Because everybody writes their documentation in README.md now (if at all), they also expect Markdown to man page converters. Those emit man(7) more or less by necessity. People unfamiliar with mandoc won’t care, but those that are may be annoyed by the semantic information that is lost. Not only because mandoc produces worse HTML output because of it, but also because mandoc’s semantic search won’t work for those man pages. However, the group that are unfamiliar with mandoc intersects more or less entirely with the group of people who writes Markdown exclusively. This further hampers mdoc adoption.

        We have a man page and documentation problem. And there doesn’t seem to be a way to help it.

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          You’ve long been able to render AsciiDoc, org, rST, among other lightweight markup languages, to HTML with GitHub. For example:

          I dunno why Markdown “won”, but maybe it had something to do with:

          • (at one time) an informal spec, easy to implement (though, probably, with bugs) in a couple days
          • the use by Reddit for its comment system (compare w/ bbcode)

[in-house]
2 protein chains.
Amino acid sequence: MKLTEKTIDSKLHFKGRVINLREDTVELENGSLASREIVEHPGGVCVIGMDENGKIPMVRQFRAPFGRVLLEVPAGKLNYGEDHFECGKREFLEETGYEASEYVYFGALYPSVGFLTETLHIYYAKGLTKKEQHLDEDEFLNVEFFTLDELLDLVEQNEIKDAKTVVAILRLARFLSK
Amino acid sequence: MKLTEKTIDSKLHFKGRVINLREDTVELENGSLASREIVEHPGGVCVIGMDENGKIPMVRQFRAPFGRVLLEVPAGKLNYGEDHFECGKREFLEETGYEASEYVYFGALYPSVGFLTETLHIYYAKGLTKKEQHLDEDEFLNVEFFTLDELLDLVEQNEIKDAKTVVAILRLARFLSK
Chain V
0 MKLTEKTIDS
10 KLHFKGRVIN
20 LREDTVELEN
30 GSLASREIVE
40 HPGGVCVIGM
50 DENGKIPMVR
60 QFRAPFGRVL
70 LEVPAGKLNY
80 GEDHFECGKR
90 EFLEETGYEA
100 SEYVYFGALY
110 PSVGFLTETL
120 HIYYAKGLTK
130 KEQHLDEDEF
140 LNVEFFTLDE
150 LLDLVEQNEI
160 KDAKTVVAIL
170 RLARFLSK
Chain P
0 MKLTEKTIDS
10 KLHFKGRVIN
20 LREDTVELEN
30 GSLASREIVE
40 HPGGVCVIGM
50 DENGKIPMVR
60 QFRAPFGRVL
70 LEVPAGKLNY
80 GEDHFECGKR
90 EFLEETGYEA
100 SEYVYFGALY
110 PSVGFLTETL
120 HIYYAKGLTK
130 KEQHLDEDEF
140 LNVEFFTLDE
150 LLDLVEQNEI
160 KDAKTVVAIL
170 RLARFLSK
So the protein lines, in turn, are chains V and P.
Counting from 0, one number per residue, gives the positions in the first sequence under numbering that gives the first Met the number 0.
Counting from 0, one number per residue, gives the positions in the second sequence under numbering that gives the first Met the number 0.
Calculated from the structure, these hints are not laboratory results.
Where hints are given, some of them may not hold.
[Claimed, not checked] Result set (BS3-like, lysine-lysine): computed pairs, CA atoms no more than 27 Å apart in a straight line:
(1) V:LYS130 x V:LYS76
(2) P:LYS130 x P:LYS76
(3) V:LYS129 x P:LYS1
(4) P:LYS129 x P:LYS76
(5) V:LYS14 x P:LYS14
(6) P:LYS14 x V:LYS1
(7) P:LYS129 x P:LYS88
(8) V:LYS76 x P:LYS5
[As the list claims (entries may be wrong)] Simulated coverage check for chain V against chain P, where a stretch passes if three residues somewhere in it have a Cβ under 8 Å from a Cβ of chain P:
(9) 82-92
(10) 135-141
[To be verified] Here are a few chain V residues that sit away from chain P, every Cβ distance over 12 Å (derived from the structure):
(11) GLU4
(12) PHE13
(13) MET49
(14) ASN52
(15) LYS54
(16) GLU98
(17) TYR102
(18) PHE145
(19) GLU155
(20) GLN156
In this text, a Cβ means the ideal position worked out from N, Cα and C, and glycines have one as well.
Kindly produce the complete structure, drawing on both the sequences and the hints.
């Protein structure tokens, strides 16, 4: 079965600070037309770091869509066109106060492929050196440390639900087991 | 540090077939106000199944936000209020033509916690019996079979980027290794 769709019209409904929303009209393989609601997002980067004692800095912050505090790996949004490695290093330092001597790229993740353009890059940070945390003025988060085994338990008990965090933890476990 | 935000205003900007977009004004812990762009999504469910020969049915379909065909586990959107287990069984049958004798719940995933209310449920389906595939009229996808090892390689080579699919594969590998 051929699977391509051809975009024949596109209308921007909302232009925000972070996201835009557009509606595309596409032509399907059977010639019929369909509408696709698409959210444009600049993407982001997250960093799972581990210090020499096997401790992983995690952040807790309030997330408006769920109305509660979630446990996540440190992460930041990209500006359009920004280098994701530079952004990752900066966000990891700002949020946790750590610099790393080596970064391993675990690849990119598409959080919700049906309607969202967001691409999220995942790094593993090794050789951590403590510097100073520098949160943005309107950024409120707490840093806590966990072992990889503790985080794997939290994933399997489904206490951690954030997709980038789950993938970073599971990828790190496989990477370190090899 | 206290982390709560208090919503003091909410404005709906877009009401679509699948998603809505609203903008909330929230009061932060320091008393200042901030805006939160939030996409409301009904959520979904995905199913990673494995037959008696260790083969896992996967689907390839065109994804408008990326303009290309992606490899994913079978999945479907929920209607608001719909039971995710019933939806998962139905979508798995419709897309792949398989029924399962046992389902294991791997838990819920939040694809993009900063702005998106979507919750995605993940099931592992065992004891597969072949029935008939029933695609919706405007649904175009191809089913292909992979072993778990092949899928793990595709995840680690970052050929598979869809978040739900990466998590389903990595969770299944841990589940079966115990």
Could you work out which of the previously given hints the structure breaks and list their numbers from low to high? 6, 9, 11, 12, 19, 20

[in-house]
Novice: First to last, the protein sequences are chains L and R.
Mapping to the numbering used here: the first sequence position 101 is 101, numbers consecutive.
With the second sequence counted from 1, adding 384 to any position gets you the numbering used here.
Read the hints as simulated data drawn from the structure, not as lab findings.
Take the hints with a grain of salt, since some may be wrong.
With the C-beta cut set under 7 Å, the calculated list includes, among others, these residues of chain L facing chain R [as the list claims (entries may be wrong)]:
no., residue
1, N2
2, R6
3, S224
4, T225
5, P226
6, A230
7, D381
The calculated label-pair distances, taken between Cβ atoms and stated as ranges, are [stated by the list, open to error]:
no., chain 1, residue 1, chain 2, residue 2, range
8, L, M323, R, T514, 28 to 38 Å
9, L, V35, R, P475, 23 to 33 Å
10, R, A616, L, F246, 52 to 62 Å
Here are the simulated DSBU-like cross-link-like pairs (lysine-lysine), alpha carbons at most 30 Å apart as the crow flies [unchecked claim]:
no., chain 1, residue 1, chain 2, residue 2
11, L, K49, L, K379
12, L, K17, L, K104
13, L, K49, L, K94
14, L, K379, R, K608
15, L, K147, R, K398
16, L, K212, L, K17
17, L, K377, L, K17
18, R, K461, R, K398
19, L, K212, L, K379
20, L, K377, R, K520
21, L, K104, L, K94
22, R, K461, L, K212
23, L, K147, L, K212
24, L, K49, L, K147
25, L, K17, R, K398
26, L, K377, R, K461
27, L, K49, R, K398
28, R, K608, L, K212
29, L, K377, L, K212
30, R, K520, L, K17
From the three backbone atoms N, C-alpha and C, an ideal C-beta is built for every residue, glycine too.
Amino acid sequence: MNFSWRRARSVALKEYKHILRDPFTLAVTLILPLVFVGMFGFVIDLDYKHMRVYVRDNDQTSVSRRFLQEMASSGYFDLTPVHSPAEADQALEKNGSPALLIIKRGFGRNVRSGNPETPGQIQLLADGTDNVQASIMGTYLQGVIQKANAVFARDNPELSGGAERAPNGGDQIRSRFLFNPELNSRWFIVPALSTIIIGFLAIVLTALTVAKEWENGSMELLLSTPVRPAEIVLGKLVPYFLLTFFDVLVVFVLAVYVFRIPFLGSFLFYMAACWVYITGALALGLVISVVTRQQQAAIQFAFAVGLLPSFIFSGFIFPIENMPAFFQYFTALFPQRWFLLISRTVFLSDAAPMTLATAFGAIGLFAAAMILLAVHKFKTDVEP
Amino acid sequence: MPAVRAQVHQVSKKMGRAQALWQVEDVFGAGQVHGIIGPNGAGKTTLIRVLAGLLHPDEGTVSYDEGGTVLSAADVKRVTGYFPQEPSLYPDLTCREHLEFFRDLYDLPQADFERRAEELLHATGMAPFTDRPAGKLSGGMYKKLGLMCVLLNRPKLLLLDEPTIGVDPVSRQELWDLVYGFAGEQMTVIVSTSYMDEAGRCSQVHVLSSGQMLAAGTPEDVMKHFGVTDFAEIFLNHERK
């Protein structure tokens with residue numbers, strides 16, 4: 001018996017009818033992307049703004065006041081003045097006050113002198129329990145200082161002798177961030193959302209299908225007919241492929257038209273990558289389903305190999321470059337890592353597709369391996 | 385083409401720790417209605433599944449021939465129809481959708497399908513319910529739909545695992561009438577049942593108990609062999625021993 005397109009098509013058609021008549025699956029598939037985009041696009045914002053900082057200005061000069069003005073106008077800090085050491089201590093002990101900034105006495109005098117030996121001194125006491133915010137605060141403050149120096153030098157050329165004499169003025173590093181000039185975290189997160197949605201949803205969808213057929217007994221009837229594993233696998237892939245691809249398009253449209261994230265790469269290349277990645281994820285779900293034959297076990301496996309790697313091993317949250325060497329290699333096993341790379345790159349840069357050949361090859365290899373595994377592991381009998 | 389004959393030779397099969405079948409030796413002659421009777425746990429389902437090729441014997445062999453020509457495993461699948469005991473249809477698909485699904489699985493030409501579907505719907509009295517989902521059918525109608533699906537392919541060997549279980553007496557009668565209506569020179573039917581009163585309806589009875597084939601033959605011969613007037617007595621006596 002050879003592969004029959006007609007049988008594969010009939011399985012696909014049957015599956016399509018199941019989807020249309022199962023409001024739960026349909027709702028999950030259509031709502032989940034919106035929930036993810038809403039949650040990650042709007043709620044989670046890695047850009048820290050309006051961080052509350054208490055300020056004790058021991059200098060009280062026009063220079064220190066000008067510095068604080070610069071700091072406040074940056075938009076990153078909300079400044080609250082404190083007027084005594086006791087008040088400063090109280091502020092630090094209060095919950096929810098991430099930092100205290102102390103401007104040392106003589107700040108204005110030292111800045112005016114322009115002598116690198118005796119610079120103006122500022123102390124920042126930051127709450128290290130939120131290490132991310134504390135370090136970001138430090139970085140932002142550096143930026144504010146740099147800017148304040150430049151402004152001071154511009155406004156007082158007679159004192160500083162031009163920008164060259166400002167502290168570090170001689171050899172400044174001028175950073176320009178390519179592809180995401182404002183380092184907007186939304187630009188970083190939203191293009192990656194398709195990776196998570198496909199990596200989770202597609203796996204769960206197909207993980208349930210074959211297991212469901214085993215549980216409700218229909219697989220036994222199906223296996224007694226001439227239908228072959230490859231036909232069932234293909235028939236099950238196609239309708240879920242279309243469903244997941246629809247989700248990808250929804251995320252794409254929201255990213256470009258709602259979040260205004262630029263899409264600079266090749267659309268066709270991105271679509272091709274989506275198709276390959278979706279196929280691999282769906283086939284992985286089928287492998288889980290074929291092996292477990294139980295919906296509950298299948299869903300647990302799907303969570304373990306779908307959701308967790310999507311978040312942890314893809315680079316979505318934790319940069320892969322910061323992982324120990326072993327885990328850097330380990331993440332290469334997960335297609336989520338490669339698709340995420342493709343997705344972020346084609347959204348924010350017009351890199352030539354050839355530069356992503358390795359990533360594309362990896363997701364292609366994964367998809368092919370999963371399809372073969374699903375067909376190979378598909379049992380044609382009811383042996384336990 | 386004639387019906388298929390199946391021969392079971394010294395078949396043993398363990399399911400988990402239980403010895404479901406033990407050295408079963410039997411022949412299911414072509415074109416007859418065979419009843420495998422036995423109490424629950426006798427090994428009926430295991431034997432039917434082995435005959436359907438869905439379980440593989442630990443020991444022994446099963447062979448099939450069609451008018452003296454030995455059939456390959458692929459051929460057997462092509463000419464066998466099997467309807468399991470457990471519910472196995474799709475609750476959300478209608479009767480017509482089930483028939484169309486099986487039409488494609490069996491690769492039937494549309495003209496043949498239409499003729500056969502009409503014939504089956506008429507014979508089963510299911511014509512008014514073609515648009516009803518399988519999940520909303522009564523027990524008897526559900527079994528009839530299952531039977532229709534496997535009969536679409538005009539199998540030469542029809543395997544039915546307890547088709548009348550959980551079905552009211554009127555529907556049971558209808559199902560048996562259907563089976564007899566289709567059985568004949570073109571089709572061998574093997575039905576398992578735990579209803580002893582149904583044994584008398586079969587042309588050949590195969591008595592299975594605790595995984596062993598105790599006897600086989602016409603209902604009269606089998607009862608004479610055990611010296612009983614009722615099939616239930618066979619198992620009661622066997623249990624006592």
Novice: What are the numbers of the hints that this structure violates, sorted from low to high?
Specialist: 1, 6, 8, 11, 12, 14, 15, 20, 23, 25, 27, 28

• good marketing - gruber was already a known figure when he unleashed markdown, was able to publicize it with his widely-read personal blog
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          (Bonus: in the linked essay, I learned that GNU is apparently going to kill off info. No arguments here!)

          Looks like that was from 2014 and I can’t tell if the proposed replacement is genuine or a very bad joke. Either way, it doesn’t feel like much has changed in 4 years unfortunately.

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            you have to manually make thing like a table of contents

            This is a specific solution (VSCode specific), but I discovered markdown-toc recently and I like it. There are other tools that can be used to add a TOC to a markdown based on headings.

            I actually find Markdown convenient for Readmes and user land documentation. Because I can get by with very little markup and the markup reads fine as text it encourages me to write.

            I can totally see how it would be a pain for technical documentation for code bases, but I suspect you would use .rst and an assist from an automatic documentation generator for that.

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              I am regretting the Markdown choice already and I’ll probably switch to something else that can export Markdown so it can be read directly while browsing the repo.

              So yeah, whether that’s .rst or not remains to be seen, but the pattern is the same.

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            texinfo(1) and DocBook are excessively complicated, ill-designed, and unmaintained

            One might quibble with the complexity & design of texinfo, but I believe Brian Fox & Karl Berry would be surprised to find out that it’s unmaintained: they are, after all, the maintainers, and released the latest version last summer.